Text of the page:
Oliver the octopus, who had been sitting quietly in his copper cauldron all this time, suddenly shot out two arms, took his towel in one, dried the end of the other, and handed down a perfectly enormous book about two feet long and one across, from the bookshelf. Mr Leakey turned over the pages and read out a spell. Then he took my left foot, shoe and all, and unscrewed it. It didn't hurt a bit, though it felt funny. It unscrewed just above the ankle. It didn't bleed at all, and I could see the two bones as he took the foot off. He took a golden thing like a motor tyre pump and squirted something out of it into the stump of my leg. I felt a nice warm feeling going up my leg into me. Then he screwed my foot on again. I could still see the joint, but he said another spell, and my leg looked just as it had done before.
Abdu'l Makkar now came in. This time he was dressed like a jinn in a turban and green silk robes, and you could see his wings, which had been in his coat tails before.
'He looks better like that, but when he's opening the door to ordinary people I like him to put his wings inside the tails of his coat so as not to frighten them. Of course tail coats come from Persia. People only began to wear them here in King Charles II's time. They were invented by king Nushirvan of Persia, who had a lot of jinns at his court, mostly with wings. He was a very just man, and believed in equality for every one but himself. He didn't want to make distinctions between jinns and men, so he had to invent a costume that would suit both. Later on the jinns went off, because his magic ring was stolen, but the men in Persia went on wearing tail coats.'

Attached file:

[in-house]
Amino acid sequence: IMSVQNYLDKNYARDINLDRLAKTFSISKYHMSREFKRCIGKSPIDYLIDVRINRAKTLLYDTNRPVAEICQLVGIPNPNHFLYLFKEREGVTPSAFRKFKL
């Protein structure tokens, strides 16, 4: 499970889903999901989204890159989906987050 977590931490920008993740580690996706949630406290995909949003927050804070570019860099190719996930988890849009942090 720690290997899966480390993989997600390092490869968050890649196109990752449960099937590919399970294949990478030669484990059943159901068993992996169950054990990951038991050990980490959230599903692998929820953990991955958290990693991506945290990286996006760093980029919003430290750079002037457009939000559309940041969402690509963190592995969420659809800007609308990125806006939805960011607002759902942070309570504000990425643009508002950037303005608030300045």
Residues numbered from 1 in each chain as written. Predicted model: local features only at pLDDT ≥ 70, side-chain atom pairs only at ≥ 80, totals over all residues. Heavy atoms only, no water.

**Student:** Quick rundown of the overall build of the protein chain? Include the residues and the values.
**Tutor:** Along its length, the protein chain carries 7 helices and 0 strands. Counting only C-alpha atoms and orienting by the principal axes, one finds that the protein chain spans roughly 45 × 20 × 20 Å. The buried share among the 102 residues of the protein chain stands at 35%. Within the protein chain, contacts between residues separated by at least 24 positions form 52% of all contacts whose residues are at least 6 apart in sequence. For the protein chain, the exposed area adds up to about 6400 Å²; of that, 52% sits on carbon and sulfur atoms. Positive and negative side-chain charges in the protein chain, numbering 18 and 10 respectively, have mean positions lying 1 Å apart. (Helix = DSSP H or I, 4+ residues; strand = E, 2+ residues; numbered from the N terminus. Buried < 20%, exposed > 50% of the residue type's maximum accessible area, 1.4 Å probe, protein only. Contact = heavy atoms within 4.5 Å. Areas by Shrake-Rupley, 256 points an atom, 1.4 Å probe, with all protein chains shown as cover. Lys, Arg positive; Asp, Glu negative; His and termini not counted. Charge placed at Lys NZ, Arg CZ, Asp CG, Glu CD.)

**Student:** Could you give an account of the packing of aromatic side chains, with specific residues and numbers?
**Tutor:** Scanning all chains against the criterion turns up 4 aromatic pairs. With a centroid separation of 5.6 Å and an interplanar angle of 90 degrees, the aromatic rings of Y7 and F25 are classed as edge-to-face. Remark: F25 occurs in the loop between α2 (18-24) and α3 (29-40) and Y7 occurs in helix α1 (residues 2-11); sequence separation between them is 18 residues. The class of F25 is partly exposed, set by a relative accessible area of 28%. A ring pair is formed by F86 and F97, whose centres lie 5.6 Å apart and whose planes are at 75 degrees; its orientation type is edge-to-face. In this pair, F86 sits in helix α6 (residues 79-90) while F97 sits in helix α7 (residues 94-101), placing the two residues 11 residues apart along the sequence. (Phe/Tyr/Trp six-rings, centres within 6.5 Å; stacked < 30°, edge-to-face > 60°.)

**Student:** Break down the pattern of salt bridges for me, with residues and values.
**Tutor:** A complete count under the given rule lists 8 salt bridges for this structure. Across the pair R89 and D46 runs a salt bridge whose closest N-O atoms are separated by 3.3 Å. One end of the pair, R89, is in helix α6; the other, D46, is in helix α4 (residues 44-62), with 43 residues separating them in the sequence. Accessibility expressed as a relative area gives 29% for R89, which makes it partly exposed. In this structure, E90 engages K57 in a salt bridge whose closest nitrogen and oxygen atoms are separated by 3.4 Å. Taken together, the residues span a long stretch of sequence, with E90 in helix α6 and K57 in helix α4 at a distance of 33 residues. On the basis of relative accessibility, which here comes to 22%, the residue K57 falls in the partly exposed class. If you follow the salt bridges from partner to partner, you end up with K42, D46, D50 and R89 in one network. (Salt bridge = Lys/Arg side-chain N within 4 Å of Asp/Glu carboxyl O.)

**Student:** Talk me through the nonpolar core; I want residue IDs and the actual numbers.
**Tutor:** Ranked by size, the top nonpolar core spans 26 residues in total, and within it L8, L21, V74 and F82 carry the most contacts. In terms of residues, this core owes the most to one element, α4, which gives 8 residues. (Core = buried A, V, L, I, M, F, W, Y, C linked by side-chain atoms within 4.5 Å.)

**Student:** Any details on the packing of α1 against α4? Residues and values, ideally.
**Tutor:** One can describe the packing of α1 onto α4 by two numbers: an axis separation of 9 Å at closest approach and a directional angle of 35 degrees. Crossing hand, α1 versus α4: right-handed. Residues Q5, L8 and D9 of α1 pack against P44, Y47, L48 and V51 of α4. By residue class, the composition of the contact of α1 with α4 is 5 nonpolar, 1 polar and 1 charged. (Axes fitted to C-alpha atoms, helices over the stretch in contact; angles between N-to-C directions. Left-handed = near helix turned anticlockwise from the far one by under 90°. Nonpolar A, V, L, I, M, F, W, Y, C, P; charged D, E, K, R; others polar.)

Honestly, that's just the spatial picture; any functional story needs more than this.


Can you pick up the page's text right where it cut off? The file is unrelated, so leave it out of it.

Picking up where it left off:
'O sovereign of sorcerers,' said Abdu'l Makkar, bowing deeply, 'thine unworthy and abject slave Pompey craveth a boon.'
'What boon, O swifter than the swallows?
'He desireth to accompany us on our journey, and promiseth that his conduct shall be as blameless as the conduct of the camel of the Prophet, on whom be peace.'
'Verilly since Saturday the feast of St. Lucy, when he burned my sausages, his conduct hath been blameless. His request is granted, and his desire shall be satisfied. Bring therefore a brazier wheron he may sit, and place it upon the carpet, with a mat of asbestos beneath. Equip my guest with a parachute and a lifebelt, the first lest he fall from the carpet through the air, the second lest he descent thence into the ocean.'